When Should You See a Doctor About Pelvic Pain?

It’s hard to know how many women suffer from pelvic pain that isn’t related to their menstrual periods, but studies suggest that 15% of women in the US have reported pelvic pain that lasted at least six months. No woman should ever live with pelvic pain for that long, yet at Gynecologic Surgery and Menopause Solutions, we also understand that it can be hard to know when to see a doctor for your pain. That’s why we’re offering a few guidelines. 

Pelvic pain has many causes.

Pelvic pain is confusing because there are so many possible causes and, to make it more difficult, some women have more than one condition contributing to their pelvic pain. How many possible causes are we talking about? 

This isn’t an exact number, but there are at least 10 gynecologic and 12 non-gynecologic health conditions that include pelvic pain as a symptom. Non-gynecologic sources of pelvic pain may arise from problems in your pelvic muscles and nerves, as well as your digestive tract and urinary system.

Most of the underlying gynecologic conditions cause other symptoms in addition to your pelvic pain. Identifying those symptoms may help you know when your pelvic pain is more than a temporary problem. 

The top gynecologic causes of pelvic pain include: 

Endometriosis

When you have endometriosis, the tissue that lines your uterus also grows outside the uterus. Inside your uterus, these tissues thicken during each monthly cycle, then shed as your menstrual period if you don’t get pregnant. 

Outside your uterus, the tissues continue to follow the same monthly pattern. But when they’re shed, the blood stays in your pelvic area, causing inflammation and scarring. As a result, you end up with pelvic pain.

In addition to pelvic pain, endometriosis often causes painful periods, pain during intercourse, and heavy menstrual bleeding.

Uterine fibroids

Uterine fibroids are noncancerous growths that can develop inside the uterine wall and on the uterine lining. Sometimes the growths appear outside the uterus, where they’re attached to the outer wall.

Fibroids vary in size, they can grow slowly or rapidly, and you may have one or many fibroids at the same time. When they cause symptoms, you may only have pelvic pain, but fibroids also cause heavy menstrual periods, long periods, the frequent need to urinate, and difficulty emptying your bladder.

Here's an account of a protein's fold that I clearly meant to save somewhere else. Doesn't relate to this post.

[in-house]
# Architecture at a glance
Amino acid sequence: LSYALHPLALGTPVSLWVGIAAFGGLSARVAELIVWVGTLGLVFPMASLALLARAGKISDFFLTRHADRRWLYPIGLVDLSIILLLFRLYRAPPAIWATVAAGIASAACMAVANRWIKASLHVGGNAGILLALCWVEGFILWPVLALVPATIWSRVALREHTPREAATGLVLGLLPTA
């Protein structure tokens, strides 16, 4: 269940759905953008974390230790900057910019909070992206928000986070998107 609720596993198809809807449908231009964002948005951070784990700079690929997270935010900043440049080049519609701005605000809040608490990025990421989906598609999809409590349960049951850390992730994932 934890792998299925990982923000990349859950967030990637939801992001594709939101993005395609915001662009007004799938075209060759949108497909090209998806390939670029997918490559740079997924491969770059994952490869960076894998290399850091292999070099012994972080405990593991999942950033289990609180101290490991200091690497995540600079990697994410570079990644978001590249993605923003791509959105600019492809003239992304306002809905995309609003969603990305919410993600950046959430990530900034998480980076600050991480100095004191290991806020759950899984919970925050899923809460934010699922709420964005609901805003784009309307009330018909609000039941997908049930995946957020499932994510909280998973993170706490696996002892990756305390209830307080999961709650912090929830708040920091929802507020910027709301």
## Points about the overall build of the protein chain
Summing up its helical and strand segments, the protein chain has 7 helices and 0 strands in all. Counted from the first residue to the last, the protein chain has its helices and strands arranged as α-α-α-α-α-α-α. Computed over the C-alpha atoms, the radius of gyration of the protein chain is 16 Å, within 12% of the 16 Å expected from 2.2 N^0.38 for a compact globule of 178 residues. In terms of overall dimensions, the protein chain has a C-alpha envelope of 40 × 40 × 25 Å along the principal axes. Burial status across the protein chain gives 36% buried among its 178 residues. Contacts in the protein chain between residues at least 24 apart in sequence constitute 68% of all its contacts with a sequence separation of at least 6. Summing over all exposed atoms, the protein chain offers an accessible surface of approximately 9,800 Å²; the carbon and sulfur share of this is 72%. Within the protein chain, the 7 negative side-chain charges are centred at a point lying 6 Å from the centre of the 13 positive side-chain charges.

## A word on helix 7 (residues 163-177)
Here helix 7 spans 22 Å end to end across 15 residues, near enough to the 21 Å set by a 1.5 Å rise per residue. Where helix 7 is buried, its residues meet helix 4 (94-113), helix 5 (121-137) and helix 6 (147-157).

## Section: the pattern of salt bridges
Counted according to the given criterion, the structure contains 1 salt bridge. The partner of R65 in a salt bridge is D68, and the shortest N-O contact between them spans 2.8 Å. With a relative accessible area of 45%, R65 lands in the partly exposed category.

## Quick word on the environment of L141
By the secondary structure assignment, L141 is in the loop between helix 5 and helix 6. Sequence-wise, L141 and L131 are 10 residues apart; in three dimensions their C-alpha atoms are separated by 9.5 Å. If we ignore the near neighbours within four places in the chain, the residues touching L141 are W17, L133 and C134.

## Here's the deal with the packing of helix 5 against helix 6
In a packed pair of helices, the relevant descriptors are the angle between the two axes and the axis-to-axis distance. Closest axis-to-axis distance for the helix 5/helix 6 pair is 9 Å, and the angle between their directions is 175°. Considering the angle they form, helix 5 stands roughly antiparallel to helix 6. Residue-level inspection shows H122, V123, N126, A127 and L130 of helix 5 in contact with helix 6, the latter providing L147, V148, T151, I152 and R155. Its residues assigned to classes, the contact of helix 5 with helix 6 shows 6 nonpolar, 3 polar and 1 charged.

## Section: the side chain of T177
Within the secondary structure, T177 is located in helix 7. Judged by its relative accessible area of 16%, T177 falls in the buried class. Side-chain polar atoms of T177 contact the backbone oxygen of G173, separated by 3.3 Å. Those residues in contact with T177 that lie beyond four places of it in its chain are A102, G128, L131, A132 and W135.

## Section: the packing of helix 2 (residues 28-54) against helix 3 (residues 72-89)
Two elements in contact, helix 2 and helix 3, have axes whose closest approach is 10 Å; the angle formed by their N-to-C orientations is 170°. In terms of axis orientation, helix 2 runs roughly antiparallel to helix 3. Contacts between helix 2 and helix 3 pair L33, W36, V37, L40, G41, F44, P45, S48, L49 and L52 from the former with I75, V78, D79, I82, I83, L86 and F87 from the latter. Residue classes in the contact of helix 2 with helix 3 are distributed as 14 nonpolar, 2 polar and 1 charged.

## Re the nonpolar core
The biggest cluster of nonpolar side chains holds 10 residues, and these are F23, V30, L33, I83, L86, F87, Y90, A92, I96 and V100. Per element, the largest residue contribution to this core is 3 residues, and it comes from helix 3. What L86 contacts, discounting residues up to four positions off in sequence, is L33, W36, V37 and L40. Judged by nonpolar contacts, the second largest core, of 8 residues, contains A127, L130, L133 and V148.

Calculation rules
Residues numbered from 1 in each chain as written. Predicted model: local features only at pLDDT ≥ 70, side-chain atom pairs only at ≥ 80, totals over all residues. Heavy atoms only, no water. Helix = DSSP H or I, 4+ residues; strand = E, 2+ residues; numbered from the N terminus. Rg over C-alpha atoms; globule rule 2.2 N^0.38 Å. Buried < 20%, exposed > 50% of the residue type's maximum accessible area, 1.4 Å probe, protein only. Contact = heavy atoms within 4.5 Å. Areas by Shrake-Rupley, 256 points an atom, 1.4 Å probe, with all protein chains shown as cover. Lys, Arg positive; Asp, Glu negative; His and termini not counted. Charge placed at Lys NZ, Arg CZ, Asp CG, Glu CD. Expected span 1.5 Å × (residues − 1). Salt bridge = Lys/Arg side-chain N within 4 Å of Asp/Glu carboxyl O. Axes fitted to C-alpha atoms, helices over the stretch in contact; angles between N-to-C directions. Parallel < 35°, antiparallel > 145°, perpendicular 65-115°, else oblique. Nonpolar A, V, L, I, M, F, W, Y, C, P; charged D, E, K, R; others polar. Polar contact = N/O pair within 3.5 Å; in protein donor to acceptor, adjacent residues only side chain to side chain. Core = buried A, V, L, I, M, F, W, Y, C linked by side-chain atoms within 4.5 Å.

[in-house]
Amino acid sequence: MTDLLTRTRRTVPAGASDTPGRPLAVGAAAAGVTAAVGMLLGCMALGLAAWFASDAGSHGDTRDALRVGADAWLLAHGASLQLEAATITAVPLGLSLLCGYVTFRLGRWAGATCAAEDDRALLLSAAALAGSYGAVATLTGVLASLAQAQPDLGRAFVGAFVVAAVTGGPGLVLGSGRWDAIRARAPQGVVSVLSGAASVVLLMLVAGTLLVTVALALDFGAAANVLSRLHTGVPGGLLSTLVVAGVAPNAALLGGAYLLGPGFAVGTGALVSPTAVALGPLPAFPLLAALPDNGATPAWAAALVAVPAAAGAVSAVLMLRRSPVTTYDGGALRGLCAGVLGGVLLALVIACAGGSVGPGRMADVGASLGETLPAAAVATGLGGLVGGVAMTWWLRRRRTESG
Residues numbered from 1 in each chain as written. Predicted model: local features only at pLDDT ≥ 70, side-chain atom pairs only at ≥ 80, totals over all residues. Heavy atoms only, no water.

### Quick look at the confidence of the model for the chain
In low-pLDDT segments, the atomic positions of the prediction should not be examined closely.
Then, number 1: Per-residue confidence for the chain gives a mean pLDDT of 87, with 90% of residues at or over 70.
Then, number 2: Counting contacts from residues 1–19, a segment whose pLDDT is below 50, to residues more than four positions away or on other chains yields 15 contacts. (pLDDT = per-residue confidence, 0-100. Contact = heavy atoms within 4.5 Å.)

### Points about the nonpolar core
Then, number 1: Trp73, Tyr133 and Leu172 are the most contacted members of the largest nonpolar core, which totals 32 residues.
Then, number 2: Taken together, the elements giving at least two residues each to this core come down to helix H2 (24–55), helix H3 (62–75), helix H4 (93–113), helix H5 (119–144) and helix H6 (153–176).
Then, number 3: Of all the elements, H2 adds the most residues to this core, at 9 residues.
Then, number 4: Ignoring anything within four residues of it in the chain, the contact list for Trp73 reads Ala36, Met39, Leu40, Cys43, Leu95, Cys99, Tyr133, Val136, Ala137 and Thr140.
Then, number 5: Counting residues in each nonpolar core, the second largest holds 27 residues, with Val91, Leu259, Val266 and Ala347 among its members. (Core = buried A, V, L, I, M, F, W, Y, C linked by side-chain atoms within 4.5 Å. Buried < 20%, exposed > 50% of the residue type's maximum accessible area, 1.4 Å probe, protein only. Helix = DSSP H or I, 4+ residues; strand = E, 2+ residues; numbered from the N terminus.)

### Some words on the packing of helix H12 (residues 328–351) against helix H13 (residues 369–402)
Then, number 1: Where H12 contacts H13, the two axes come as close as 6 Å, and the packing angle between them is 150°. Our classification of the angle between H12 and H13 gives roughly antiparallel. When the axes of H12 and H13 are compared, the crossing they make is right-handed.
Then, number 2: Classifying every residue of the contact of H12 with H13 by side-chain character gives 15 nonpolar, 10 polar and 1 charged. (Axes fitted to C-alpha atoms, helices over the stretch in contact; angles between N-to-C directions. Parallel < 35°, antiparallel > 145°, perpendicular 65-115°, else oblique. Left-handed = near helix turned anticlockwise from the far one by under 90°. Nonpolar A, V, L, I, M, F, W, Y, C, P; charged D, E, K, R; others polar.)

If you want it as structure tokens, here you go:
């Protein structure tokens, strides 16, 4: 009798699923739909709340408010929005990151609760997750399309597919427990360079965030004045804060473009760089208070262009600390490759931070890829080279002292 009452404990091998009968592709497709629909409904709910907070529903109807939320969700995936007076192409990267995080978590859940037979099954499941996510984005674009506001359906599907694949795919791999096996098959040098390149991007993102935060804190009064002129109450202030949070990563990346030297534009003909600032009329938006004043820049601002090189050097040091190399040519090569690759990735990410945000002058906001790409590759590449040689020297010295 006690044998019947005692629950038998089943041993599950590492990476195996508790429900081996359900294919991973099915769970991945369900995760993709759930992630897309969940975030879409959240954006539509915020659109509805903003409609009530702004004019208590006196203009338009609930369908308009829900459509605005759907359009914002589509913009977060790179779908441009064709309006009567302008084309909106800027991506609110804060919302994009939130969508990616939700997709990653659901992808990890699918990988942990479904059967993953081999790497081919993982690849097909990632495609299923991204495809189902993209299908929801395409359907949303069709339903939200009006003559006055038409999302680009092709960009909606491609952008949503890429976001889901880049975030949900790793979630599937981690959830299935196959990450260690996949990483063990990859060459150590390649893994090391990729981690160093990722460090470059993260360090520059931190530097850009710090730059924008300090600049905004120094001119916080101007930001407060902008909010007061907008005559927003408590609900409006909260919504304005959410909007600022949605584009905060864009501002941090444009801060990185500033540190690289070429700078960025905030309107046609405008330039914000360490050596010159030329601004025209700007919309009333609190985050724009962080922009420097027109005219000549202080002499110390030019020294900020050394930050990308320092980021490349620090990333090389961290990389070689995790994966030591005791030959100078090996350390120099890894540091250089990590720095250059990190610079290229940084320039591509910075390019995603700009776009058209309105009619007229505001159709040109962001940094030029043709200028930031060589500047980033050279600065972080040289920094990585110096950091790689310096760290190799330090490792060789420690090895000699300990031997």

Pelvic inflammatory disease (PID)

PID is different because it’s an infection that occurs when bacteria are sexually transmitted and then manage to get into your uterus, Fallopian tubes, or ovaries. PID usually causes other symptoms, including heavy bleeding, menstrual periods that last longer than a week, frequent urination, and difficulty emptying your bladder.

Adenomyosis

This condition occurs when tissue from the lining of your uterus grows into the muscular uterine wall. As the tissue thickens and sheds during your monthly cycle, it leads to an enlarged and painful uterus. You’ll experience pelvic pain with menstrual cramping and often, heavy bleeding.

When to see the doctor for pelvic pain

We encourage women to call us any time they have pelvic pain that lasts longer than a few weeks. We can protect your health by ruling out any underlying conditions, and we’ll offer treatment to help relieve your pain. Here are a few guidelines:

Sudden, severe pelvic pain requires quick attention

Any time you develop sudden, severe pelvic or abdominal pain, you should give us a call. If your pain is accompanied by nausea, vomiting, fever, sweating, or chills, you can call us for a quick evaluation of your symptoms, but in many cases, these are signs of a serious abdominal infection, inflammation, or obstruction that requires immediate treatment in your local emergency room. 

Pelvic pain plus bleeding after menopause is a red flag

Bleeding after menopause is a potential sign of endometrial cancer. Don’t panic — there are other causes of postmenopausal bleeding — but don’t wait to schedule an appointment for a complete pelvic exam. 

General guidelines for when to schedule an appointment 

You should consider making an appointment at Gynecologic Surgery and Menopause Solutions any time you have chronic pelvic pain or when:

If you have any doubts, just call Gynecologic Surgery and Menopause Solutions. We’ll talk with you about your symptoms, help you decide if you should make an appointment, and how quickly you need to come in.

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